This week we celebrate Easter. Easter is a time where we invite others to church, have a sunrise service, have potluck and to remember how Christ died on a tree for our sins.
However, this Easter week to me has been a huge eye opener, but more than just the depth of what happened between Good Friday and Easter over 2000 years ago. It’s much bigger than that; much bigger than I ever thought or imagined.
This Easter I see suffering; no, it may not be as much as when Christ was whipped, hung, bleeding, dying the most painful death to plummet my sins into hell, but to also have God turn His face away as He died just so I would not face eternal damnation, death, and separation.
Christ humbly suffered so I didn’t have to and He healed my wounds of sin. But I wonder about the suffering that is my life? What about the trial, hunger, pain, and burden I feel when I find out a friend of mine that is like a sibling to me has cancer?
Louie Gigleo puts it this way, “Be still my soul there’s a healer. Yes, yes, to be honest He didn’t heal yesterday, and He hasn’t healed today… and He might not heal tomorrow, but there is a God and He is a healer and I believe in Him.” Louie continues, but isn’t that just a picture of God sovereignty?
Biblically Romans 8:16-18 really hits it home when I talk about suffering, think about suffering, or am actually suffering.
“The Spirit himself bears witness with our spirit that we are children of God, and if children, then heirs—heirs of God and fellow heirs with Christ, provided we suffer with him in order that we may also be glorified with him. For I consider that the sufferings of this present time are not worth comparing with the glory that is to be revealed to us.”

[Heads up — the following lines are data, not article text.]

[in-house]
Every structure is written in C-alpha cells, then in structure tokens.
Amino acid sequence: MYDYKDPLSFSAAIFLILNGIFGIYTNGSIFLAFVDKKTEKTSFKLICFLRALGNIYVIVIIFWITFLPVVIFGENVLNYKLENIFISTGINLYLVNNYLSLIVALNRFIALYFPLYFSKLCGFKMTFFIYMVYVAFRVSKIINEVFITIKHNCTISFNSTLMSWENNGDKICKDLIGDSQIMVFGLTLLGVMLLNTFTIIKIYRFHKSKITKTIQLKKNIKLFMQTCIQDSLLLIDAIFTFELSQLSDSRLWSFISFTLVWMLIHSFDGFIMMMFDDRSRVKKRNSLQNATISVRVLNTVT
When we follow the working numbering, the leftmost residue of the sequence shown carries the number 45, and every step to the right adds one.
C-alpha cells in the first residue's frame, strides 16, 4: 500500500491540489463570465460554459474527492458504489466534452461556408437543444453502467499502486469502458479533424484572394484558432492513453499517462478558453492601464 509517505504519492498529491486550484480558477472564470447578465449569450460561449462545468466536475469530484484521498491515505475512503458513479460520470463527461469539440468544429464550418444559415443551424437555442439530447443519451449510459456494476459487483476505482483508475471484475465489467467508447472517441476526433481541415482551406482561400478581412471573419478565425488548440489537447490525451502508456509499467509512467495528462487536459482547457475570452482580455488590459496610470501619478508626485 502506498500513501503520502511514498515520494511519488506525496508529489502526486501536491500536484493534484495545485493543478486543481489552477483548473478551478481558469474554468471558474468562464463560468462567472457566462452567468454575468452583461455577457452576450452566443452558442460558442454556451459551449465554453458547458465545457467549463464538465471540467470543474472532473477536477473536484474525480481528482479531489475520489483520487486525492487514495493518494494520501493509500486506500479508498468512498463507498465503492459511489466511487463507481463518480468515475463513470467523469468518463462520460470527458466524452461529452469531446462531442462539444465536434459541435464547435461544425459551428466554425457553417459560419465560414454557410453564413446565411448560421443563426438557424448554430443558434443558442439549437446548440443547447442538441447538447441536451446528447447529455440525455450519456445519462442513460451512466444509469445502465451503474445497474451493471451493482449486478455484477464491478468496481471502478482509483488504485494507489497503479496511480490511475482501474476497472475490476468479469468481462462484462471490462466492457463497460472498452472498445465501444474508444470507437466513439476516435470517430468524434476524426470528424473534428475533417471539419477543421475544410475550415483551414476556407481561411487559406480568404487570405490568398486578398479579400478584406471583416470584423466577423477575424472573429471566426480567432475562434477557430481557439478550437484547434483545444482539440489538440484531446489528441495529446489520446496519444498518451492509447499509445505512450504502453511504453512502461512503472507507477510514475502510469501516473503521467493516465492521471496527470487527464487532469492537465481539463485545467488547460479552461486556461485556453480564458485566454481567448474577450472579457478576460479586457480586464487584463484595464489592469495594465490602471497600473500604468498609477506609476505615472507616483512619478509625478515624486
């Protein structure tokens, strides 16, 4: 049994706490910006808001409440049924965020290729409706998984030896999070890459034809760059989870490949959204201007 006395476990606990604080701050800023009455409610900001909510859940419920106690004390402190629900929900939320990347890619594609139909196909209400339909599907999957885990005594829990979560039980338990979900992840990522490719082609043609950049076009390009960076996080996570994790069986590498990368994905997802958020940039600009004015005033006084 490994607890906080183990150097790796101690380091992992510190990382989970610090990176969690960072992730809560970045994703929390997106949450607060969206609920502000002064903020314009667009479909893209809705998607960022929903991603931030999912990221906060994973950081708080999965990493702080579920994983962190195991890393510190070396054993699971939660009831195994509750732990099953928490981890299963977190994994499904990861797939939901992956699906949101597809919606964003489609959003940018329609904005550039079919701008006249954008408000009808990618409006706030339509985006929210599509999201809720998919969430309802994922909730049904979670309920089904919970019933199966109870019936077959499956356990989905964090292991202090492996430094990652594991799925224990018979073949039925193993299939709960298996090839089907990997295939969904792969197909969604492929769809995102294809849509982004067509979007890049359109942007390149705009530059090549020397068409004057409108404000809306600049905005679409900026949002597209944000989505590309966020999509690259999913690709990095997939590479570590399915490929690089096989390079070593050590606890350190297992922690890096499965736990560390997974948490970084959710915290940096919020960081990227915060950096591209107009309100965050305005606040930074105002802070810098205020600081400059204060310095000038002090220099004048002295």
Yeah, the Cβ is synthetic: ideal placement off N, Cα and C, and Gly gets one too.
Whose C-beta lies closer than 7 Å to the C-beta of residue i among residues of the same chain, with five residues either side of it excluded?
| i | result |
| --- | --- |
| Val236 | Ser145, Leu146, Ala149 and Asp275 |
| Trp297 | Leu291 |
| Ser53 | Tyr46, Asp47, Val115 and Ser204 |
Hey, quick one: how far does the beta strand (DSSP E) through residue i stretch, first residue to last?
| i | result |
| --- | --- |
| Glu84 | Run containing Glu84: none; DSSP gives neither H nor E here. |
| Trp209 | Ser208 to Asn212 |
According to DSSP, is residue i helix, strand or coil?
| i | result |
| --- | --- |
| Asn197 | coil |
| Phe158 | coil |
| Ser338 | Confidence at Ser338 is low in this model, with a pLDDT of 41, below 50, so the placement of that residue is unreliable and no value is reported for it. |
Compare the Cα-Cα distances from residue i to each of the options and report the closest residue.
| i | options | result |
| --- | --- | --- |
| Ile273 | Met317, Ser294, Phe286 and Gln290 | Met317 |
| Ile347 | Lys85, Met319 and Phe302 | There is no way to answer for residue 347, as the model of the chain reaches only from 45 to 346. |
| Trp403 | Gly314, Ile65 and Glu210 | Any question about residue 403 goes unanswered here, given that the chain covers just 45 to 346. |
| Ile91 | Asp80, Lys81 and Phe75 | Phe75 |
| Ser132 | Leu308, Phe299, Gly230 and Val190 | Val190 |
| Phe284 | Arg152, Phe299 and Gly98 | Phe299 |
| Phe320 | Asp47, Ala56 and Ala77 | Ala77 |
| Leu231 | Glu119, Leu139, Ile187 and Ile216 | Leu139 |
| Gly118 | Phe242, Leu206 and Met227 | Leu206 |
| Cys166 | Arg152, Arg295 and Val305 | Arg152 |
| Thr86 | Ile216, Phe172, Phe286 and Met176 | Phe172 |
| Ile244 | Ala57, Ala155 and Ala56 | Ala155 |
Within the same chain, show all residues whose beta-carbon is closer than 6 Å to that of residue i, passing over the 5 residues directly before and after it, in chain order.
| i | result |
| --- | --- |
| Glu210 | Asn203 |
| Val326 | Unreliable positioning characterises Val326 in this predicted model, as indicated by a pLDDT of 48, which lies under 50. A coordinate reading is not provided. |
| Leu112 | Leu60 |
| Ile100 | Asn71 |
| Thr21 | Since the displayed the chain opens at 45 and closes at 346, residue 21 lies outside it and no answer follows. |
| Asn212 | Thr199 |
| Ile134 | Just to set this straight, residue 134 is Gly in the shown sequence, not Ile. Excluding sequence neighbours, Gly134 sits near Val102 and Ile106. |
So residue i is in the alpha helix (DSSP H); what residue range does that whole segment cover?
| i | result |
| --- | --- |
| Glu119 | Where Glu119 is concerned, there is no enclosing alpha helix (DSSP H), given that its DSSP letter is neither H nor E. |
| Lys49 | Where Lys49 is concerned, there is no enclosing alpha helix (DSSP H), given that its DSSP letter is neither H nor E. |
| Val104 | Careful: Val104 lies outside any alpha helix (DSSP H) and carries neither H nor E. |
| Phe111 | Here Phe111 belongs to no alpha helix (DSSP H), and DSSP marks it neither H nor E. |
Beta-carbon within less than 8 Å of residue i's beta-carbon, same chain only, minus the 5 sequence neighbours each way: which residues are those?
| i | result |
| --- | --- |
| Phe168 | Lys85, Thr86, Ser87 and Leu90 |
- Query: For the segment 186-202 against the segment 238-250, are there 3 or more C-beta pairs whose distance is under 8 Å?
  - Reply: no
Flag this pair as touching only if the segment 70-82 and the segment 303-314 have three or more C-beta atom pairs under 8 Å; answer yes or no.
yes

There are three things that are encouraging as Paul talks about suffering here.
•One: The Spirit bears witness. Meaning the Spirit is with us and weeps with us. Also keep in mind that when we pray the Spirit intercedes for us. (Romans 8:25–30)
•Two: We are children of God and have been made like Him. When we suffer we are like Christ. (James 1:2–4 and 1 Peter 2:21)
•Three: The suffering now is not to be compared with the glory that awaits us. Just as Revelation says, “He will wipe away every tear from their eyes, and death shall be no more, neither shall there be mourning, nor crying, nor pain anymore, for the former things have passed away.”
I know that as heart wrenching pain is I’ve had to remember that Christ is greater than I am, greater than my challenges, my failures, my fears, my doubts, my circumstances, my choices, my friends, my past, my future, and greater than everything.